The National Museum of Kenya opened in 1930 and today, it houses more than mere evidence of Kenya’s unique flora and fauna. The museum displays diverse cultural and natural history exhibits including more than 900 stuffed birds and mammals, fossils from Lake Turkana, ethnic displays from various Kenyan tribal groups, and exhibits of local art. 

In the Geology Gallery, you can explore an impressive collection of rocks and minerals and learn about tectonic plates and the life cycle of a volcano. In addition to biological wonders, the National Museum now houses galleries that examine the rich culture and traditions of its numerous tribes, outline the nation’s history, and even galleries that display the talents of Kenya’s contemporary modern artists. The museum displays diverse cultural and natural history exhibits including more than 900 stuffed birds and mammals, fossils from Lake Turkana, ethnic displays from various Kenyan tribal groups, and exhibits of local art. 

In the Geology Gallery, you can explore an impressive collection of rocks and minerals and learn about tectonic plates and the life cycle of a volcano.

 

David Sheldrick Wildlife Trust

This orphan is for rescuded elephants and provides a rehabilitation program.

The center cares for young abandoned elephants and rhinos and works to release the animals back into the wild. You can watch these lovable creatures up close as they frolic in the mud and drink from giant baby bottles. Best of all, your entrance fee helps support the project’s conservation efforts. 

If you want to help even more, consider adopting an orphaned elephant, rhino, or giraffe – you’ll receive regular updates on their progress long after you leave.

 

Ngong Hills

Ngong hills forest is located in the northern tip of Kajiado County and it’s about 25Km from Nairobi city. The forest covers an area of 3077.6 hectares. This is a great spot for hikers filled with greenery.

 

African Heritage House

This striking building, known as the African Heritage House, sits on a hill overlooking the Nairobi National Park. It was built between the years 1989 and 1994. This house boasts a unique collection of artifacts from all around Africa, so diverse and valuable that it has turned the house into a national monument.

 

Bomas

This tourist village in Nairobi celebrates the traditional lifestyles of over 40 ethnic groups and customs of Kenyan tribes. Bomas of Kenya is a tourist village and cultural center six miles outside of Nairobi.

 

The Village Market

Nairobi national park and safari walk are an experience of a lifetime. Masai Mara: the most popular national park is home to the big 5 and other fantastic wildlife. Why not book a safari trip with them and get up close and personal.

Lake System: this protected area is a UNESECO World heritage site and home to 13 endangered bird species.

Try the food!

Kenyan cuisine is not one that is often hyped about. So here I am ready to be it’s hype man. Kenyan staple foods are corn, bread and vegetables. Some local specialties are Mdazi (fried dough balls), Ugali (maize eaten with meat stew or vegetables), chapati (flatbread), Nyama Choma (Grilled meat). These foods are redily available in local resturants and a most try if you are in the country.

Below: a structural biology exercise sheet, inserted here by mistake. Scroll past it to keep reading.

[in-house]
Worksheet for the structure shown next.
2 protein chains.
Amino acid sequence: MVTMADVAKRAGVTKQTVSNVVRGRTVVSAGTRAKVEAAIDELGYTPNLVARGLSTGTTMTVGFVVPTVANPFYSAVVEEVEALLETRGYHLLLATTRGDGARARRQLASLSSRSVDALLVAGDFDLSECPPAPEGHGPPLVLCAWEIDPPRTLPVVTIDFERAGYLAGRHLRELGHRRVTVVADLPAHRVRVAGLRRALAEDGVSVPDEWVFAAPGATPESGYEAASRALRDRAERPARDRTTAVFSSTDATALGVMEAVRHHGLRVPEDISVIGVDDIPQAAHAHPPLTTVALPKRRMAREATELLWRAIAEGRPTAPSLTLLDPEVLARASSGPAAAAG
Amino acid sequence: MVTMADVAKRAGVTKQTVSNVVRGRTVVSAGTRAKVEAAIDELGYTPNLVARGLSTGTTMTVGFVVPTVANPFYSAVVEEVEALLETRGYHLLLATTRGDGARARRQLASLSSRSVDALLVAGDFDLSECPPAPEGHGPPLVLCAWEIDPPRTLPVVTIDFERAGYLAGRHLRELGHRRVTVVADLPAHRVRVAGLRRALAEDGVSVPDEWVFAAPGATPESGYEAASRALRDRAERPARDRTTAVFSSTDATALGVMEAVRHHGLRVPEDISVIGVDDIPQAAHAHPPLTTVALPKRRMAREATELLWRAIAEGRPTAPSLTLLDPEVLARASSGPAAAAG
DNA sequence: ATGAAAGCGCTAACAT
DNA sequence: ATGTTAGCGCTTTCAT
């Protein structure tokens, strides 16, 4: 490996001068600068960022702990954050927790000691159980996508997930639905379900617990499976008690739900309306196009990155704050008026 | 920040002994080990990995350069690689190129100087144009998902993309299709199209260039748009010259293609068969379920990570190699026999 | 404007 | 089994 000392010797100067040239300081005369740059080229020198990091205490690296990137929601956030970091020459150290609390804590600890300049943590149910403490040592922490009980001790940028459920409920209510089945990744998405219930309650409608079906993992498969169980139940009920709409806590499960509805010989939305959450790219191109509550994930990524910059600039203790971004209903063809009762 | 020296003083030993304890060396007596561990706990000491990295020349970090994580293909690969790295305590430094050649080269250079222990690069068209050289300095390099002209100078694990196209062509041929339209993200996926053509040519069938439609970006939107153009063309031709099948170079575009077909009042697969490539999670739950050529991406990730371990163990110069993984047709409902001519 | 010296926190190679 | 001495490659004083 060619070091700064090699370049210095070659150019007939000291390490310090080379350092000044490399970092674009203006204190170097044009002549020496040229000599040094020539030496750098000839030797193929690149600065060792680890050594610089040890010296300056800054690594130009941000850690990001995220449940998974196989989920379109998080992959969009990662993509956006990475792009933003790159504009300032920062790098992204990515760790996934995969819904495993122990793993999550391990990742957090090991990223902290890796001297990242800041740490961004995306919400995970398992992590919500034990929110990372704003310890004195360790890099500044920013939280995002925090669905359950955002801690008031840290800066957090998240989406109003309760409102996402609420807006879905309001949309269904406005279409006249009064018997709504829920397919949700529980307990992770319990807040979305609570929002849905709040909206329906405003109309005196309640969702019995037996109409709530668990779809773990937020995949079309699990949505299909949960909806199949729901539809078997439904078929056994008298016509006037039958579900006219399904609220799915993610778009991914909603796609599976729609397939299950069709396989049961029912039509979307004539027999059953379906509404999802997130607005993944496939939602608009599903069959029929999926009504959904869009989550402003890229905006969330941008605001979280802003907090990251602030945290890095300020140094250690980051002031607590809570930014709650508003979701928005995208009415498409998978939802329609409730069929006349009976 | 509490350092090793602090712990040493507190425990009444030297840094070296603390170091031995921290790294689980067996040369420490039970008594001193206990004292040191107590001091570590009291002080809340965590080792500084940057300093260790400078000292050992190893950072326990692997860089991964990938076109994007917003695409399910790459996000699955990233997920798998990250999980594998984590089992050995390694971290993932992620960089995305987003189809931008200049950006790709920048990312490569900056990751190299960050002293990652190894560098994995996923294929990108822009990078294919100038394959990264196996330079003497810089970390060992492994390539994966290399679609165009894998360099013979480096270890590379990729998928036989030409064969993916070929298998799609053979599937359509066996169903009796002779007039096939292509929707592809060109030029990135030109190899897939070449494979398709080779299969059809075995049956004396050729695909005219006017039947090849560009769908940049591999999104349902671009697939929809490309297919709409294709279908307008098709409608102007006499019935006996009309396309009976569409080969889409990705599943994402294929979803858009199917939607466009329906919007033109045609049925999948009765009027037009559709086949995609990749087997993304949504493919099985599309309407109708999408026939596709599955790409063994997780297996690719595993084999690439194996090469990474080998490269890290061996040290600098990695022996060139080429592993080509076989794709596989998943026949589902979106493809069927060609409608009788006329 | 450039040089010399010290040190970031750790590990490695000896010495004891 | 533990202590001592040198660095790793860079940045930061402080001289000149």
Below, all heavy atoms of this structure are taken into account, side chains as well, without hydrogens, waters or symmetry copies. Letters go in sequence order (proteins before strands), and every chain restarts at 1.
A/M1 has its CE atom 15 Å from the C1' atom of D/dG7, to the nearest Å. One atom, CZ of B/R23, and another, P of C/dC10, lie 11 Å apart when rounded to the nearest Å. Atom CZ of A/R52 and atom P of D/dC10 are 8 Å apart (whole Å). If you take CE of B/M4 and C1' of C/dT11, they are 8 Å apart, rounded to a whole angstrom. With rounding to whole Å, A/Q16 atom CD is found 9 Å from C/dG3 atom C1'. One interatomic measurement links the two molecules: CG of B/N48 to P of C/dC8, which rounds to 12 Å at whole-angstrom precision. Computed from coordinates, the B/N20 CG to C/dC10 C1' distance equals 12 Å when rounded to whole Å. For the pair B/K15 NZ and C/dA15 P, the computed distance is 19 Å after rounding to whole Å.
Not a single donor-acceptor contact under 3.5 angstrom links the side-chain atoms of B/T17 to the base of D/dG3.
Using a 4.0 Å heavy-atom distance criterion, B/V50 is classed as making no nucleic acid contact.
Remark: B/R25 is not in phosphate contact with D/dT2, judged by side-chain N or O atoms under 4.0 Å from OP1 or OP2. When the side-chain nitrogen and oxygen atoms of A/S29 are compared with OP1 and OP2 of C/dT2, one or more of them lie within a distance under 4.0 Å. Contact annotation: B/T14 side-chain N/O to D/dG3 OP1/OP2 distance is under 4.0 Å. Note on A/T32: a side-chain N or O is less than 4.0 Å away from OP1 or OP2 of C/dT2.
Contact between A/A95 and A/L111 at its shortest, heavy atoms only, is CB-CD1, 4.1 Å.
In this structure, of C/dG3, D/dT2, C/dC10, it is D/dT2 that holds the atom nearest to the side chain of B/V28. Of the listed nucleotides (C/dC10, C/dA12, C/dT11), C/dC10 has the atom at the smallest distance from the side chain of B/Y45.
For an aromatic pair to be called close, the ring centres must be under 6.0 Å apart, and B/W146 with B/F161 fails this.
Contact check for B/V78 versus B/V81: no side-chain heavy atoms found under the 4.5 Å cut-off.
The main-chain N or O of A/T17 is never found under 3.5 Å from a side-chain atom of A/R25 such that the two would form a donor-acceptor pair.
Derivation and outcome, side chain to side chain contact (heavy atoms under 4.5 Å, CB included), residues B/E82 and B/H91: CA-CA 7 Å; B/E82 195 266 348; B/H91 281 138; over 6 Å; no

Walk the walk

The Nairobi Safari Walk is a conservation like no other. Only 7KM from the bustling capital of Nairobi, here you will find a sampling of what wildlife in Kenya has to offer. Not only is the setting exceptionally serene, but you will get a chance to see some of the rarest animals on the planet. These include: the white Rhino, the Bongo and even the Albino Zebra. What this walk offers, is a chance to see most of Kenya’s wildlife within a single setting.

 

Grab a bargain

The Maasai culture is perhaps the most renowned of Kenya’s ethnicity. As a tourist travelling within Kenya, buying a Maasai culture-based souvenir should, and will be one of the things you want to do. There is nowhere better than the regular open air Maasai markets held in Nairobi. These markets are nomadic and within them, you will find everything from local paintings, curios, drawings, wood carvings, jewelry and East African based Fabrics. However, you have to know where and when they will be held.

 

Get sandy

The Chalbi Desert is a small desert in northern Kenya near the border with Ethiopia. It is east of Lake Turkana and contains North Horr. Chalbi Desert is the hottest and most arid region in Kenya and definitely unique experience but make sure you go with a guide!

 

Explore an ancient civilisation

The ruins of Gedi are a historical and archaeological site near the Indian Ocean coast of eastern Kenya. The ruins give a glimpse into the 12th century Kenyan civilisation. It is definitely worth a visit as you really feel like you are stepping back into time wxploring ancient Kenyan history.

 

Go back in time

Lamu is a port, city, and island just off the shore of Kenya in the Indian Ocean approximately 150 miles from Mombasa. It is the oldest and best-preserved Swahili settlement in East Africa, retaining its traditional functions. This UNESECO World heritage site feels like a step back into time. To really understand the island’s history I highly recomment visiting the Lamu museum, Lamu fort, Riyadha Mosque and Islamic Centre and Takwa Ruins.

 

Mt. Kenya